Twenty First Century Land Purchases

This is pretty interesting. The state of New York is practically broke, but the city of New York is merely deeply indebted. To ease its fiscal crisis, the state of New York is transferring an island from joint administration to the sole administration of New York City:

After more than a year of negotiations, New York City has reached a deal to take control of Governors Island from the state, moving a prime 172-acre piece of waterfront real estate into the hands of a land-starved city and closer to an ambitious redevelopment, city and state officials announced on Sunday.

These agreements represent a reversal from 35 years ago, when a city on the verge of bankruptcy parted with a number of its assets and relied on the state to shore up its finances.

Raymond Horton, a professor at Columbia Business School who ran a commission that studied New York City’s finances during the fiscal crisis of the 1970s, said that by taking over properties like Governors Island, Mr. Bloomberg achieved a milestone that had eluded many of his predecessors.

“What tips the balance here is the state’s fiscal crisis,” Mr. Horton said. “The state is in a dire situation. The city is much better managed at this moment. That makes possible something that was not when the two governments’ finances were in similar condition.”

(New York Times)

This is not something very novel though. Throughout the nineteenth century countries that were broke or defeated in war would sell their territories, or give them up against war reparations, or sign long or perpetual leases. Some notable examples are:

  • New York City itself! After the Dutch lost the Anglo-Dutch war, they allowed the British to keep New York in return for the island of Run in the East Indies, which at the time was the only place in the world where nutmeg used to grow. Talk about excessive discount rates.
  • The Guantanamo Bay Naval Base, which Cuba handed over to America as a perpetual lease back in 1903.
  • Hong Kong, which the Chinese empire leased to Great Britain for 99 years in 1900.
  • Alaska, which the Russians sold to America for 7.2 million dollars.
  • Almost a third of the continental United States, when the Thomas Jefferson administration paid Napoleon 15 million dollars in the Louisiana Purchase. They had offered him 10 million dollars just for New Orleans, but Napoleon had wars to fight and was desperate for cash, so he threw in pretty much the middle third of the United States. The extra 5 million dollars kept Napoleon’s armies going successfully until the Russian front in 1812, when famine decimated his army. On the other hand, Napoleon thought that by giving all that land to the US, he would make life even more difficult for Great Britain, which was hostile to America at that point of time. While Napoleon’s forces were being thulped at Moscow, America and Britain were actually fighting the War of 1812 which ended in a stalemate, so maybe this worked. Incidentally, the financing for the Louisiana Purchase was a fascinating piece of structuring.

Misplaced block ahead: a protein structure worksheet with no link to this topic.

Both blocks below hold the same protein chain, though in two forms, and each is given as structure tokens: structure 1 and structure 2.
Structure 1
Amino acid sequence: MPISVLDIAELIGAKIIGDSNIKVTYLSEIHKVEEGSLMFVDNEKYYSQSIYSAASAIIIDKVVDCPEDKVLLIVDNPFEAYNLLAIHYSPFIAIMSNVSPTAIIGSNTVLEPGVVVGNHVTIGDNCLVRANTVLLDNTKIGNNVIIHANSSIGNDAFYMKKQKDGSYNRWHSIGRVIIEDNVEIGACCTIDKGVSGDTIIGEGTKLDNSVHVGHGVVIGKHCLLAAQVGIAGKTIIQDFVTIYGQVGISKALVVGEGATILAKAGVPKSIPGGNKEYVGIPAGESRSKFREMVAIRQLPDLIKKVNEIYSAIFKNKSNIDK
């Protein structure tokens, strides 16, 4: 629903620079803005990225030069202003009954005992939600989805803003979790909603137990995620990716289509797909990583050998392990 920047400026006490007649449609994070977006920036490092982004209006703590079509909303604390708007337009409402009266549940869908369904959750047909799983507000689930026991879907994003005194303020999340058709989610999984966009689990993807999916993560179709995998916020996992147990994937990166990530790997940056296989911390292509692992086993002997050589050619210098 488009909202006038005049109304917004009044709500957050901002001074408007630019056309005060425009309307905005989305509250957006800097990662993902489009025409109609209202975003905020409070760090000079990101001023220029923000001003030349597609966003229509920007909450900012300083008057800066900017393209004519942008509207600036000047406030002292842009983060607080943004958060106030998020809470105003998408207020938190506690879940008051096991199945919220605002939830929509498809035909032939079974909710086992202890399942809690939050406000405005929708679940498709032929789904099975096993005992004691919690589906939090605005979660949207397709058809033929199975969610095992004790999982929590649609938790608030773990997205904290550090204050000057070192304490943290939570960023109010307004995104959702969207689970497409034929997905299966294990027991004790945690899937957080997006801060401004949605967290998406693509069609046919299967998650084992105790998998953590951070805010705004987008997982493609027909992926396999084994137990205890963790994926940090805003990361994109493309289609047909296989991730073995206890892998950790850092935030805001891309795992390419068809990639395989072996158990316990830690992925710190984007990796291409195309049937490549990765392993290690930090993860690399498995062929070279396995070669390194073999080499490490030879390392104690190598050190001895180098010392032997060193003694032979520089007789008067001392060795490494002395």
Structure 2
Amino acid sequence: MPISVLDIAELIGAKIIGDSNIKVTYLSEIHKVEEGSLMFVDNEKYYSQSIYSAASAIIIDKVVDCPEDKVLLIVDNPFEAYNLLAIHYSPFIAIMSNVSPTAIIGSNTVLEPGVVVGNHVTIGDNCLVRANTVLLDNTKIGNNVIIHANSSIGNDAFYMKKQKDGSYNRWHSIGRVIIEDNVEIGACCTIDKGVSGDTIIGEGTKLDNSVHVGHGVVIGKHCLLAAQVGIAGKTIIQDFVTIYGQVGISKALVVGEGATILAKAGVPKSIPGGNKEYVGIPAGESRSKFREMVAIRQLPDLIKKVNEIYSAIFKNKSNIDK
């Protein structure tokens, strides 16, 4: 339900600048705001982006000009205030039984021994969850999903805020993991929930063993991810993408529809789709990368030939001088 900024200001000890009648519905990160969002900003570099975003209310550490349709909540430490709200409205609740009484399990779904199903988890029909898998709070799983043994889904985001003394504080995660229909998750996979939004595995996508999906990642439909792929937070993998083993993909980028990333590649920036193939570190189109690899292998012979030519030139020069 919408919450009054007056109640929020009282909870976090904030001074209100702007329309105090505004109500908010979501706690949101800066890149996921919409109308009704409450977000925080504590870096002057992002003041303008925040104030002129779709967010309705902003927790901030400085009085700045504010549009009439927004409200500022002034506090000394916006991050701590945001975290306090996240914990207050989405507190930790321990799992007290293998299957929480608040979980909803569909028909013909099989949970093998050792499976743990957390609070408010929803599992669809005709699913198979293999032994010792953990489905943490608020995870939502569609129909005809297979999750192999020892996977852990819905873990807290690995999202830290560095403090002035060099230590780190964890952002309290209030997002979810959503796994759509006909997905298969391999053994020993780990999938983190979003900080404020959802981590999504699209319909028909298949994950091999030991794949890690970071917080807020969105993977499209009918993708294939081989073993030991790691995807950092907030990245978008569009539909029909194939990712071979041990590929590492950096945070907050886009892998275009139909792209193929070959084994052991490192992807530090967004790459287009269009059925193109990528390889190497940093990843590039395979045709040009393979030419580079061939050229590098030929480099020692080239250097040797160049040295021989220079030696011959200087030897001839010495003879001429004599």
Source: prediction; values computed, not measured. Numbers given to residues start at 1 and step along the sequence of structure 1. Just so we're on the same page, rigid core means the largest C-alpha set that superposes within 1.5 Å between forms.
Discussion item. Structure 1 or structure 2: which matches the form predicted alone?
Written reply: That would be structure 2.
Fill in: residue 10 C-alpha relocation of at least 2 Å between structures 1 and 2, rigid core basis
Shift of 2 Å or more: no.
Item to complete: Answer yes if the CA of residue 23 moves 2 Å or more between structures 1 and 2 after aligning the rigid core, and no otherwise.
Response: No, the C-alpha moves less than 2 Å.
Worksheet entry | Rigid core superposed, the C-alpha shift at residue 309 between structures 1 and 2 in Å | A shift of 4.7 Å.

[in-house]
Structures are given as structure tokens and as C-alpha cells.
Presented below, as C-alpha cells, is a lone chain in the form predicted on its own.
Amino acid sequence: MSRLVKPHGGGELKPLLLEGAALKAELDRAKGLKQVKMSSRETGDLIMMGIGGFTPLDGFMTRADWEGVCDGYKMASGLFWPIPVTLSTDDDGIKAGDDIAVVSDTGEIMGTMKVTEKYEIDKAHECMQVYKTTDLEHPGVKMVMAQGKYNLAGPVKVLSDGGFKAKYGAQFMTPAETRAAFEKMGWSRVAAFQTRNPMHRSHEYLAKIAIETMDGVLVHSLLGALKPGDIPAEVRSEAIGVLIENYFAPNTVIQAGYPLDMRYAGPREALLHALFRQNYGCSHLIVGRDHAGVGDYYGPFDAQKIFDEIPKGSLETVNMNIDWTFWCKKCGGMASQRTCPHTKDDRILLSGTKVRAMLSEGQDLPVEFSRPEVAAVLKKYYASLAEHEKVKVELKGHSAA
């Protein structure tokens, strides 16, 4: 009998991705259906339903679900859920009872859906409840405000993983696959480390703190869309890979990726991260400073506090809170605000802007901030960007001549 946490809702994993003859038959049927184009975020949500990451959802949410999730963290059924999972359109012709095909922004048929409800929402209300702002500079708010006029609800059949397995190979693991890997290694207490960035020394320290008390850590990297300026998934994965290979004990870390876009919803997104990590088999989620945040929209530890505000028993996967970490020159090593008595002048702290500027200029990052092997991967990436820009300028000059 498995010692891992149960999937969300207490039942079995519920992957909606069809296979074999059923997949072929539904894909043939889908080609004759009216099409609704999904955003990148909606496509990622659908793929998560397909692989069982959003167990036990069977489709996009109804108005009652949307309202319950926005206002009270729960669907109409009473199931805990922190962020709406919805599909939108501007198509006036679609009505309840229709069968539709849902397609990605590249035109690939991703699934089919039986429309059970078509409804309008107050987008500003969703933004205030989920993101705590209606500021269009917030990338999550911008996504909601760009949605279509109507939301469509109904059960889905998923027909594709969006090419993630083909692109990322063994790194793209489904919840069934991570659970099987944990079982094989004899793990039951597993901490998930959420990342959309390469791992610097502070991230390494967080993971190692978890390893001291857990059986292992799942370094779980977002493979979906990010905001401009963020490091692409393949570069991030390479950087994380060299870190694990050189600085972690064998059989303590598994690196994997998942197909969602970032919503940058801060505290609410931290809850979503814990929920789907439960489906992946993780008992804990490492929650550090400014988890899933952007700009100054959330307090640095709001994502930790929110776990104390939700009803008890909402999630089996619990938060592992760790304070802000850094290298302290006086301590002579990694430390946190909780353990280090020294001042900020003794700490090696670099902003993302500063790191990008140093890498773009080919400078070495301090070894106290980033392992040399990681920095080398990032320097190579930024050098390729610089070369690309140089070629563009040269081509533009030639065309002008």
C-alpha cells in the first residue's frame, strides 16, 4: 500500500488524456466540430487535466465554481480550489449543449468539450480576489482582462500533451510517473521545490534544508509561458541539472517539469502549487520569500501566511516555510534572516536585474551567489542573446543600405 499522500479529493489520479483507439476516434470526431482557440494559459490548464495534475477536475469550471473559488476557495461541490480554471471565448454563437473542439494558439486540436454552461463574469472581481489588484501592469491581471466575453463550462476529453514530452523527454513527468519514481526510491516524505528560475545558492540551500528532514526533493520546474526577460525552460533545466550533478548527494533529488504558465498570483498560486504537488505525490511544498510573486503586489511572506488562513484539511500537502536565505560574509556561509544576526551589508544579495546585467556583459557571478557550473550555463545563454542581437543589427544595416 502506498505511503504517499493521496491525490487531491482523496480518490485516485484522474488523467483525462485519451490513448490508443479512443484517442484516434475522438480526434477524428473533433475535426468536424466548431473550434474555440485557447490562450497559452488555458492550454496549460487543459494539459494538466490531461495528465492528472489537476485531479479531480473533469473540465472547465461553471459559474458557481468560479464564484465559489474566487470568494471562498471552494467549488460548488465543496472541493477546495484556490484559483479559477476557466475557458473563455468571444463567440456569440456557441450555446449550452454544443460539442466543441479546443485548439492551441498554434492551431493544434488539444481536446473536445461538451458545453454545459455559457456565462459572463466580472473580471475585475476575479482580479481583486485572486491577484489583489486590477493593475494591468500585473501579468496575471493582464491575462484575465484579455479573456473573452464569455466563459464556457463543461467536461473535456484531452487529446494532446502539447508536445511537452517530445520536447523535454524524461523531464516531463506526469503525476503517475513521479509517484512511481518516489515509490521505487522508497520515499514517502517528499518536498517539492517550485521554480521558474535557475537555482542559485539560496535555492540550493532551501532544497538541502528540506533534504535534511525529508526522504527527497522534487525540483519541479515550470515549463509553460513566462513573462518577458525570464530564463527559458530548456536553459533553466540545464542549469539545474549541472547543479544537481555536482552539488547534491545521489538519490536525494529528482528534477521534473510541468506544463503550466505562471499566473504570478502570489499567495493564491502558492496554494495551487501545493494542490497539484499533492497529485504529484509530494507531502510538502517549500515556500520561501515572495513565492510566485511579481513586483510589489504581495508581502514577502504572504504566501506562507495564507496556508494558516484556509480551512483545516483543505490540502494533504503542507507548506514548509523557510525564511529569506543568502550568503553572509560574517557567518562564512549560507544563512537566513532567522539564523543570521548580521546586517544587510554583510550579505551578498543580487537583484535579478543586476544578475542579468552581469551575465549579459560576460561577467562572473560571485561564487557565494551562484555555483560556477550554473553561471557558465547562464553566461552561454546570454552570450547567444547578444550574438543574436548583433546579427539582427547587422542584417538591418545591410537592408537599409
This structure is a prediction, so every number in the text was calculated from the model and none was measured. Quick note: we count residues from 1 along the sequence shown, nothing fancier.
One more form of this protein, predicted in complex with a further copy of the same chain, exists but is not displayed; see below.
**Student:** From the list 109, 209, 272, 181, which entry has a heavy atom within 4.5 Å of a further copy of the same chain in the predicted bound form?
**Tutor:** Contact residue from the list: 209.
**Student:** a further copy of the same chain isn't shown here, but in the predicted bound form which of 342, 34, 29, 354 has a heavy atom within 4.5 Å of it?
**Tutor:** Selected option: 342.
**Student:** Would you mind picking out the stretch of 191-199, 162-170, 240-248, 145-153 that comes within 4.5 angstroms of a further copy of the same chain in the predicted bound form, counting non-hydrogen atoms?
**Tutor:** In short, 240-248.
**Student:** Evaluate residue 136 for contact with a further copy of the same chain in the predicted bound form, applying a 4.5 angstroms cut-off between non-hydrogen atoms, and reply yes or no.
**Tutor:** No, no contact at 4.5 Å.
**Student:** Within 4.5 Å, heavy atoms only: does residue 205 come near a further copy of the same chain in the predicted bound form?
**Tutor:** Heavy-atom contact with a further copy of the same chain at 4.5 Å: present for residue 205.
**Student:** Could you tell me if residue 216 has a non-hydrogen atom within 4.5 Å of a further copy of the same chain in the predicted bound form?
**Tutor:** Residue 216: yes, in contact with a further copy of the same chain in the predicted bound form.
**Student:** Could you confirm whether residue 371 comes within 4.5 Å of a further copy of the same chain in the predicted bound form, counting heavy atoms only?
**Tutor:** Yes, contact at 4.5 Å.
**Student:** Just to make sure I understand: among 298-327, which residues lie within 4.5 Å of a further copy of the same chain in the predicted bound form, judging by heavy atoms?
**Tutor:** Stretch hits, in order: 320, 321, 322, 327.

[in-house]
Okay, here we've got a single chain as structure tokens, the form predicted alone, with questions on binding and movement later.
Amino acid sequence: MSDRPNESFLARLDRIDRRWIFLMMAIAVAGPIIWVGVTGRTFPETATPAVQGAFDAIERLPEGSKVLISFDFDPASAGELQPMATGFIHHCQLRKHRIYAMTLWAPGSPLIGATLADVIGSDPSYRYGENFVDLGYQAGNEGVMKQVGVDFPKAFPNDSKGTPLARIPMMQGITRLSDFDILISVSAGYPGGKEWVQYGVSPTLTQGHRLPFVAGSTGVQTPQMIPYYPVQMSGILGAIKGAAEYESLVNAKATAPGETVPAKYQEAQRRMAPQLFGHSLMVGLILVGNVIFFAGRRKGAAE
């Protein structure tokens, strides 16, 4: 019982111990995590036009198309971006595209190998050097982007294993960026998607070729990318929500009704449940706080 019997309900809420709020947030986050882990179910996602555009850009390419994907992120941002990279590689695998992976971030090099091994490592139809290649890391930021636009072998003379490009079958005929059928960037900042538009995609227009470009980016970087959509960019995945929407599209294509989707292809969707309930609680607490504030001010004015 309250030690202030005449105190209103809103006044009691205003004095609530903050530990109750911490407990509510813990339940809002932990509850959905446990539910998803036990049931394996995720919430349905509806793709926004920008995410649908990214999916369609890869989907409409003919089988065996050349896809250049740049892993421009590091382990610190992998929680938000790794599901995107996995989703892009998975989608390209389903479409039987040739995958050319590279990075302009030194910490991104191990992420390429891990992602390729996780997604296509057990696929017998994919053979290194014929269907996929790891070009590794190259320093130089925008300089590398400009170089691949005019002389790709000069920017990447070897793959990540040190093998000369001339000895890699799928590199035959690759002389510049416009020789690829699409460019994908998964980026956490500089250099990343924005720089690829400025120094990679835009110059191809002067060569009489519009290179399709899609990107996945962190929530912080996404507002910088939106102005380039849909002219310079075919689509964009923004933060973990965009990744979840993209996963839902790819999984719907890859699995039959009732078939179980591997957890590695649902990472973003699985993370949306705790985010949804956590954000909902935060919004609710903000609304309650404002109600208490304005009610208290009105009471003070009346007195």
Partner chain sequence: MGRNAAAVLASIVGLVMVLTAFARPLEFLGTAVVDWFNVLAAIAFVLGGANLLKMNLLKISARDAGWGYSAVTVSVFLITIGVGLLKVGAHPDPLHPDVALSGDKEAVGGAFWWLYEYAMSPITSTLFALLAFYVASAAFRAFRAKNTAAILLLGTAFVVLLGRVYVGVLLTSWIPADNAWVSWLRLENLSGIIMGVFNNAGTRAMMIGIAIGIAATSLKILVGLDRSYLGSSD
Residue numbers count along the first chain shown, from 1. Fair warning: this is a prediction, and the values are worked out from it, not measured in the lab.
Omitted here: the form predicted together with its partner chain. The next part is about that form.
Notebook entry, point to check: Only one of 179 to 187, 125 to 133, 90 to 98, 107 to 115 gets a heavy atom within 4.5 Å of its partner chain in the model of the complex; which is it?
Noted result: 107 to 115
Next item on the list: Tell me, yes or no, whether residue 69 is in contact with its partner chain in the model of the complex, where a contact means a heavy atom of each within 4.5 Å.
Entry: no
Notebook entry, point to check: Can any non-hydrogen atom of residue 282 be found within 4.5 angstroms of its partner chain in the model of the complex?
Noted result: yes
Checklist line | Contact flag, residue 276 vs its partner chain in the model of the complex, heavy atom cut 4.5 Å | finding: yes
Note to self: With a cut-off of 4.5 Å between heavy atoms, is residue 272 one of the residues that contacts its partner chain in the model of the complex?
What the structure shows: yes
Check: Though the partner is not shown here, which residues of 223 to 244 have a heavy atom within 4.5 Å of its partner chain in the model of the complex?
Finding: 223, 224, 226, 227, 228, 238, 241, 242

Sadly Purchase, New York does not seem to fit this category.

Anyhow, it looks like the twenty-first century is going to see the return of grossly broke countries selling off their territory to keep up with the payments. The first inkling that it’s making a comeback came when two German MPs demanded that Greece sell off its islands (oh, and the Acropolis) if they wanted a bailout. It didn’t happen, but considering that Greece will probably default on its debt again soon, we may see this idea being taken up again. Portugal, Italy and Spain are also headed towards default, so we may soon witness the spectacle of Mediterranean beaches and slopes of Alpine mountains up for auction. It will be awesome.

The fiscal situation of the PIGS countries now is of course tiny compared to the fiscal situation of the United States a few years down the line. With the demographic bulge of the Baby Boom coming into Medicare and Social Security payout ages, the chances of the United States defaulting on its debt are beginning to look likely. The USA too may have to start selling its territory. Fortunately, it has a lot of empty territory to sell. Especially Michigan, which is rapidly depopulating.

The only thing is that selling something only works if there’s a buyer. That would involve either handing the territory over to whoever was holding the US debt and furious about the default, or someone with a shitload of cash.

The major holder of US debt is… the US government. Right, the major holder of US debt that is in a position to demand payments pronto is Japan, followed by China. Out of these, China is in a better position to throw its weight around.

Naturally, the prospect of China occupying Idaho or Nevada may not thrill the Americans, and they would be under pressure to sell to someone with a shitload of cash instead. Extrapolating from current trends, that would be… Apple. Steve Jobs has always been megalomaniac enough to want to own a country, but until now, it never looked like he actually would.

iDaho, iOwa, and iLlinois are on their way. We’re doomed.